Weekly Fishing Report — Central South Island — 24/02/2022

The sea run salmon season is in full swing so do make the time to get out on the river this weekend.

As of next Tuesday summer is officially over which puts us in-sight of the end of the sea run salmon season.

It is worth noting the upcoming sea run salmon season closure dates so you can plan your trips in the meantime.

Sea run salmon season closure dates – Central South Island waters.

  • Rangitata River and tributaries, upstream of Turn Again Point (about 12km above the gorge) - season closes Monday 28 February.
  • Rangitata River and tributaries, downstream of Turn Again Point (about 12km above the gorge) – season closes 30 April.
  • Waitaki River and tributaries, upstream of the powerlines at Stonewall/ Bortons Pond – season closes 31 March.
  • Waitaki River and tributaries, downstream of the powerlines at Stonewall/ Bortons Pond – season closes 30 April.
  • Ashburton, Orari, Opihi rivers and their tributaries - season closes 30 April.

 

The list of closures above is an abridged version of season lengths only and anglers are advised to read all the relevant sea run salmon fishing regulations found in the 2021-2022 sports fishing regulation guide here.

You may notice that sea run salmon seasons now includes April for some waters where they previously closed on 31 March. This provision of April fishing in some areas was made possible by the introduction of the season bag limit.

All anglers are reminded that a (free of charge) sea run salmon endorsement and season bag card is required to fish for and keep sea run salmon in the CSI and North Canterbury Fish & Game Regions. To find out all about the new requirements please click here.

If you require further clarification of the regulations, please get in touch with our Temuka office, PH 03 6158400, csi@fishandgame.org.nz 

There has certainly been a lot of rain and cold wind around lately and our summer has resembled spring – or even winter with that big dump of snow the mountain got a couple of weeks back.

The cold weather has put a dampener on many fly anglers’ aspirations to do some dry fly fishing on those hot lazy summer days.

On the flip side, it has provided great worm and spin fishing conditions— that’s a rarity in February.

This week’s tip: Fly anglers should mimic the methods of bait and spin angling when river levels are up, and spotting fish is hard work.

How does a fly angler mimic a spin angler? – by swinging large streamer flies like woolly buggers and rabbit flies through the best edge water.

You can use your floating line for this, but it will pay to use a bead-head flies to sink the fly quick and fast.

An intermediate sinking line and a selection of unweighted and various weighted/beaded flies will cover a range of depths and may prove more versatile than a floating line. Split-shot can be used to add weight too.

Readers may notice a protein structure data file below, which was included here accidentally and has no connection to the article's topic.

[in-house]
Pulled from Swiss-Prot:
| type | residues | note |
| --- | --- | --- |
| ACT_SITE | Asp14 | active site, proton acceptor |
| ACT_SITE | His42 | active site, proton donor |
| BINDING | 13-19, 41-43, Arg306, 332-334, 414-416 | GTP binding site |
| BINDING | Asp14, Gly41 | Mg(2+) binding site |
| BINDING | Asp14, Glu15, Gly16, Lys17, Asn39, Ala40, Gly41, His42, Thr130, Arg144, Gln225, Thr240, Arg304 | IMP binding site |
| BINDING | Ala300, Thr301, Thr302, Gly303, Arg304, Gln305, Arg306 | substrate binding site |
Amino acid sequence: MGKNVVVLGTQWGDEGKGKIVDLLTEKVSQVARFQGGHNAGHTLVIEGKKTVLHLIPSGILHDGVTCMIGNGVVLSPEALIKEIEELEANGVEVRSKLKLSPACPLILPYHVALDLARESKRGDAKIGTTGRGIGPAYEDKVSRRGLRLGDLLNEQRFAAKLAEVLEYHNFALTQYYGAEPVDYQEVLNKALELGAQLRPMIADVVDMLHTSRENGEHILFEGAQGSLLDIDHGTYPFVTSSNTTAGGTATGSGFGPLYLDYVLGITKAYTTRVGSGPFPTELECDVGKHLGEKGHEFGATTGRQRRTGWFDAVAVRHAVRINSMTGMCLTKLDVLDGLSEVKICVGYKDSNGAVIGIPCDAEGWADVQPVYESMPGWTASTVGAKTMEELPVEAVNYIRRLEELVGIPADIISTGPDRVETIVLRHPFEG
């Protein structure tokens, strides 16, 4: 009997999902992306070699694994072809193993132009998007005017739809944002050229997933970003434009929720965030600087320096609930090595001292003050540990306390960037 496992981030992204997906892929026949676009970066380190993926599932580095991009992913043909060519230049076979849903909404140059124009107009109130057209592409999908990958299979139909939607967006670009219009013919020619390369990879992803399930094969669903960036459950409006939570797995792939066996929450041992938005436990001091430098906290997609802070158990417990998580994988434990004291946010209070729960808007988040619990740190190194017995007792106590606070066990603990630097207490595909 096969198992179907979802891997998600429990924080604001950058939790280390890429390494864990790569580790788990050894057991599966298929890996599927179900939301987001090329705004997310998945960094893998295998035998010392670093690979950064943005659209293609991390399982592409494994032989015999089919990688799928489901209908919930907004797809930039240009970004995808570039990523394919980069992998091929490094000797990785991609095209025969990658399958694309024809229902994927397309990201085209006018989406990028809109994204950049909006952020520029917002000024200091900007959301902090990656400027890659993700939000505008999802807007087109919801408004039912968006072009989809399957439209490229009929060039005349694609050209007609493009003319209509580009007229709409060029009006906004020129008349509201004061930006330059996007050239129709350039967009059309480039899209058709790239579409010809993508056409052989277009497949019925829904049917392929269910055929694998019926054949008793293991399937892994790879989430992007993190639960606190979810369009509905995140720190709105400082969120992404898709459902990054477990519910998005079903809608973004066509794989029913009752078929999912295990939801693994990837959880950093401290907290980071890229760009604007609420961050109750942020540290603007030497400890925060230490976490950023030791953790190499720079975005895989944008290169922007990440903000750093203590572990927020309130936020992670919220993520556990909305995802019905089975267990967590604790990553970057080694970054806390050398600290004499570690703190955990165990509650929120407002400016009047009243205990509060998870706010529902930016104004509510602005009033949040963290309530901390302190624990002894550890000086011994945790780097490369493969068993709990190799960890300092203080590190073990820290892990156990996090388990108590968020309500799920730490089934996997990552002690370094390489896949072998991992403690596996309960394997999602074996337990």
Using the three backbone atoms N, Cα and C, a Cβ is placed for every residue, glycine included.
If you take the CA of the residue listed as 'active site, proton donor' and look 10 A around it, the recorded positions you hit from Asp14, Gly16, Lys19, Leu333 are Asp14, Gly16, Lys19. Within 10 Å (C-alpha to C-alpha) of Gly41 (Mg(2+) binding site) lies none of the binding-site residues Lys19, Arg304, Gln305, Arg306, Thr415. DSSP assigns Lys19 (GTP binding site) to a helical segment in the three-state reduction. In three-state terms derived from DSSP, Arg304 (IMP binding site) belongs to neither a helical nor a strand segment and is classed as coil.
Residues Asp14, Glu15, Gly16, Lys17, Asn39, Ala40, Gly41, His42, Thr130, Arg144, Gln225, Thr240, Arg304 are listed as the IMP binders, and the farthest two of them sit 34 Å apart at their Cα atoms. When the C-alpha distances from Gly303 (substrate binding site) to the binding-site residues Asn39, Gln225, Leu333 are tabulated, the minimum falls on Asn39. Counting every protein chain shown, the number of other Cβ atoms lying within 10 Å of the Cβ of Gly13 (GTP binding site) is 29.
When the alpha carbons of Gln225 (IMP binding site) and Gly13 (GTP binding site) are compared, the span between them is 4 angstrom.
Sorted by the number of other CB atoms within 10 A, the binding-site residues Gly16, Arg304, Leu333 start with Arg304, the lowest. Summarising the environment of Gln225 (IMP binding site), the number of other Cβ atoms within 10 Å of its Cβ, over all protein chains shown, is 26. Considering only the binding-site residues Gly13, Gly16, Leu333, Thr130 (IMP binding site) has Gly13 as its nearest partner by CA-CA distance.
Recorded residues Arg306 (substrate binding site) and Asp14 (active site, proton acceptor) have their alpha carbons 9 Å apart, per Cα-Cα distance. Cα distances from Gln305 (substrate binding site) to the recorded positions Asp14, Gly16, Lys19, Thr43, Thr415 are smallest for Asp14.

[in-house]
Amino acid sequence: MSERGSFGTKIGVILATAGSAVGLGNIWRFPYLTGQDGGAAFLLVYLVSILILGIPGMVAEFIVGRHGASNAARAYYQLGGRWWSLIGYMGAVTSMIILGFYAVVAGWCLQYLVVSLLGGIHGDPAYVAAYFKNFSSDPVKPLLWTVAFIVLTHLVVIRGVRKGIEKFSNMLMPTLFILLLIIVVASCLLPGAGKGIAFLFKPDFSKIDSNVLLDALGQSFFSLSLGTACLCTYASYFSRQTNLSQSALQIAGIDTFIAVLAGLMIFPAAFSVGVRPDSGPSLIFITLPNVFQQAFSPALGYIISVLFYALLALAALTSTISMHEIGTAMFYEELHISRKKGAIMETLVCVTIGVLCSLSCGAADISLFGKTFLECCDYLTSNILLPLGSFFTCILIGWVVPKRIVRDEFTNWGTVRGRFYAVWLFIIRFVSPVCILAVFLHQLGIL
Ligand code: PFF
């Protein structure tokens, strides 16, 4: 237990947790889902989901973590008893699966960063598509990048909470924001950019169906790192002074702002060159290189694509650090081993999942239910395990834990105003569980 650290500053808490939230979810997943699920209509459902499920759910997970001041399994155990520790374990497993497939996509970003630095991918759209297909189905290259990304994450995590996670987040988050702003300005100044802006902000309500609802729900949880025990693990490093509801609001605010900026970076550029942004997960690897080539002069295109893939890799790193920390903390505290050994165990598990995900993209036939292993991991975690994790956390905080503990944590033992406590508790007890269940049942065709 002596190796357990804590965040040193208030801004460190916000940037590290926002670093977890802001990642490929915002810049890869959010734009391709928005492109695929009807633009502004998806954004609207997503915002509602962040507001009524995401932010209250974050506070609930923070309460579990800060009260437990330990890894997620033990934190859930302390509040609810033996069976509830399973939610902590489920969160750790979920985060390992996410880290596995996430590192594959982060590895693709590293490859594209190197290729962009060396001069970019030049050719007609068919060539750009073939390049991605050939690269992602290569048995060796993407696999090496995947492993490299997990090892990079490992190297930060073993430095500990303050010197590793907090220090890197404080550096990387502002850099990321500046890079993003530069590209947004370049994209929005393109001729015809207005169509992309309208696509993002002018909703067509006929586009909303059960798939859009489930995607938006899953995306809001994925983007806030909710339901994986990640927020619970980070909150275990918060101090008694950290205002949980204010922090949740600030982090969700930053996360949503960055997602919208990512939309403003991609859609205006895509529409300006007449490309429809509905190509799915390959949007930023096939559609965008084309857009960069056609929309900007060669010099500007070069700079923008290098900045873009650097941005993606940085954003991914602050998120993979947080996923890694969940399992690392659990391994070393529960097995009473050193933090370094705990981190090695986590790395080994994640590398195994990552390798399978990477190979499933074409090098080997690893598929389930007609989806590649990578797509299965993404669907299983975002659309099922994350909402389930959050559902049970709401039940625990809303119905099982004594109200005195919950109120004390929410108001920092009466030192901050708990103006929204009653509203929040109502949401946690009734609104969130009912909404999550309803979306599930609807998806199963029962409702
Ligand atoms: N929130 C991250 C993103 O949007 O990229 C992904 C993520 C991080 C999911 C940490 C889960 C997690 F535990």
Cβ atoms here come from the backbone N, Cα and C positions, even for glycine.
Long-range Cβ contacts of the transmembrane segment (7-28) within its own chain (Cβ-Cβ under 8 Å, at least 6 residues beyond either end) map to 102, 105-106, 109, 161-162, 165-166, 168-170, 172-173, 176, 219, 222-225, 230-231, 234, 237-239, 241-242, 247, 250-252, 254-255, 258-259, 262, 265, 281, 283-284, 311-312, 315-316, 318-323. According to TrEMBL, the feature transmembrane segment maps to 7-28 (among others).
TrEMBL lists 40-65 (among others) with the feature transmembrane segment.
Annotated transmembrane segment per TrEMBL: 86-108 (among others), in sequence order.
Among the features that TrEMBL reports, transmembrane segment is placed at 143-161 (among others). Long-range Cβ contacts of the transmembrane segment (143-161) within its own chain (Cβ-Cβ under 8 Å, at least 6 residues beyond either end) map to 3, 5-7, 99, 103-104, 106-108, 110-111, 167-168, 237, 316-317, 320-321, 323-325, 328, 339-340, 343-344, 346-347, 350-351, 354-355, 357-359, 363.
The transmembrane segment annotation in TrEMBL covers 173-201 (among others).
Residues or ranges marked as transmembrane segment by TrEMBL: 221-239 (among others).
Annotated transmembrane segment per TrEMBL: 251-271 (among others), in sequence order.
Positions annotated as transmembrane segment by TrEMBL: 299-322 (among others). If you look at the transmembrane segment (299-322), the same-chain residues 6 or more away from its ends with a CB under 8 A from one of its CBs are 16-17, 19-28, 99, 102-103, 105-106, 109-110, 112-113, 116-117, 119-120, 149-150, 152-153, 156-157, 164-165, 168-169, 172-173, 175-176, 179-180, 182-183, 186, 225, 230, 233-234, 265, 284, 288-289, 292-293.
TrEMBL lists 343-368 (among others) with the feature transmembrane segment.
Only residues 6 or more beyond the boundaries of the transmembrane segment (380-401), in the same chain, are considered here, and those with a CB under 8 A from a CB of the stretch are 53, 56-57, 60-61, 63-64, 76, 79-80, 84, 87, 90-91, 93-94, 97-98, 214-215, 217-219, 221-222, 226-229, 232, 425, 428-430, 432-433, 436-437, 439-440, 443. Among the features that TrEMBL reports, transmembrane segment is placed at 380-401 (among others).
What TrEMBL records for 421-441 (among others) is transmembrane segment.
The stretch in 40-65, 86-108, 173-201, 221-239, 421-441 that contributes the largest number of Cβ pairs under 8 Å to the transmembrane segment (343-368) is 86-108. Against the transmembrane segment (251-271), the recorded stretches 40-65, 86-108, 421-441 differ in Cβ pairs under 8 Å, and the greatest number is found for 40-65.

How does a fly angler mimic a worm angler? — by using beaded squirmy worm flies. It’s easiest just to fish these under an indicator – upstream nymphing style.

Feature Image 'A big brown trout caught on a squirmy worm fly when river flows were triple normal summer flows' Credit Rhys Adams

I gave squirmy fishing a go last Sunday when my local river was flowing about triple its normal summer flow and only sight fishable in the shallow-medium depth water.

I was really impressed with the results, getting four bites and landing two of the fish – both well-conditioned big brown trout about 6-pounds.  

Now that I have given you a high-water fly fishing tip, it looks light we are set for a rainless week with river flows set to drop and stabilise, offering great fishing all-round.

One exception may be the Waitaki river though, its flows have been high and unfishable for much of this summer as huge volumes of water have been generated through the Waitaki Dam due to high inflows, full lakes and spilling in the upper Waitaki hydro scheme.

Let’s hope the dry spell enables Meridian to reduce the flows to under 350 cumecs in the near future which will offer more manageable riverbank access and better water clarity for fishing.

 

Notice Board

Aerial spraying of riverbed weeds 21 February to 18 March

From 21 February to 18 March 2022 (weather dependent) Environment Canterbury are planning to use helicopters for targeted aerial spraying of riverbed weeds.

Environment Canterbury manages weeds for flood control and biodiversity protection.  Left unchecked, invasive weeds in these areas are a significant flood risk. Weed control clears the active part of the river channel that carries fast-flowing water during floods and protects biodiversity. This control work often maintains and improves angler access ways too.   

Aerial Spraying is planned at many riverbeds across Canterbury including these popular fishing areas in the CSI Fish & Game Region:

  • North Opuha River - Fox Peak Bridge to Lake Opuha
  • Tengawai River - Cricklewood Road to Cross Road
  • Orari River - the Gorge
  • Opihi River - Roaring Camp Road to Opuha confluence and Fairlie to Cloudy Peaks Bridge
  • Rangitata River - Various areas
  • Waitaki River – Mouth to dam
  • Tekapo River – From Lake Benmore to the Tekapo spill gate
  • Ohau River – From Lake Ohau to Lake Ruataniwha

 

More information, including maps can be found here.

 

Upper Ohau River – planned sediment basin maintenance 21 February to 8 May 

Meridian Energy will be undertaking maintenance work on the sediment basin, near where the Ōhau River enters Lake Ruataniwha.

The area of land around the work areas will be closed to the public for this period.

For more information click here.

 

Hunting Stand Ballot

The ballot to occupy hunting stands for Opening weekend closes 1 March. To enter the ballot and for more information click here.

 

Tight Lines,

Rhys Adams

Central South Island Fish & Game Officer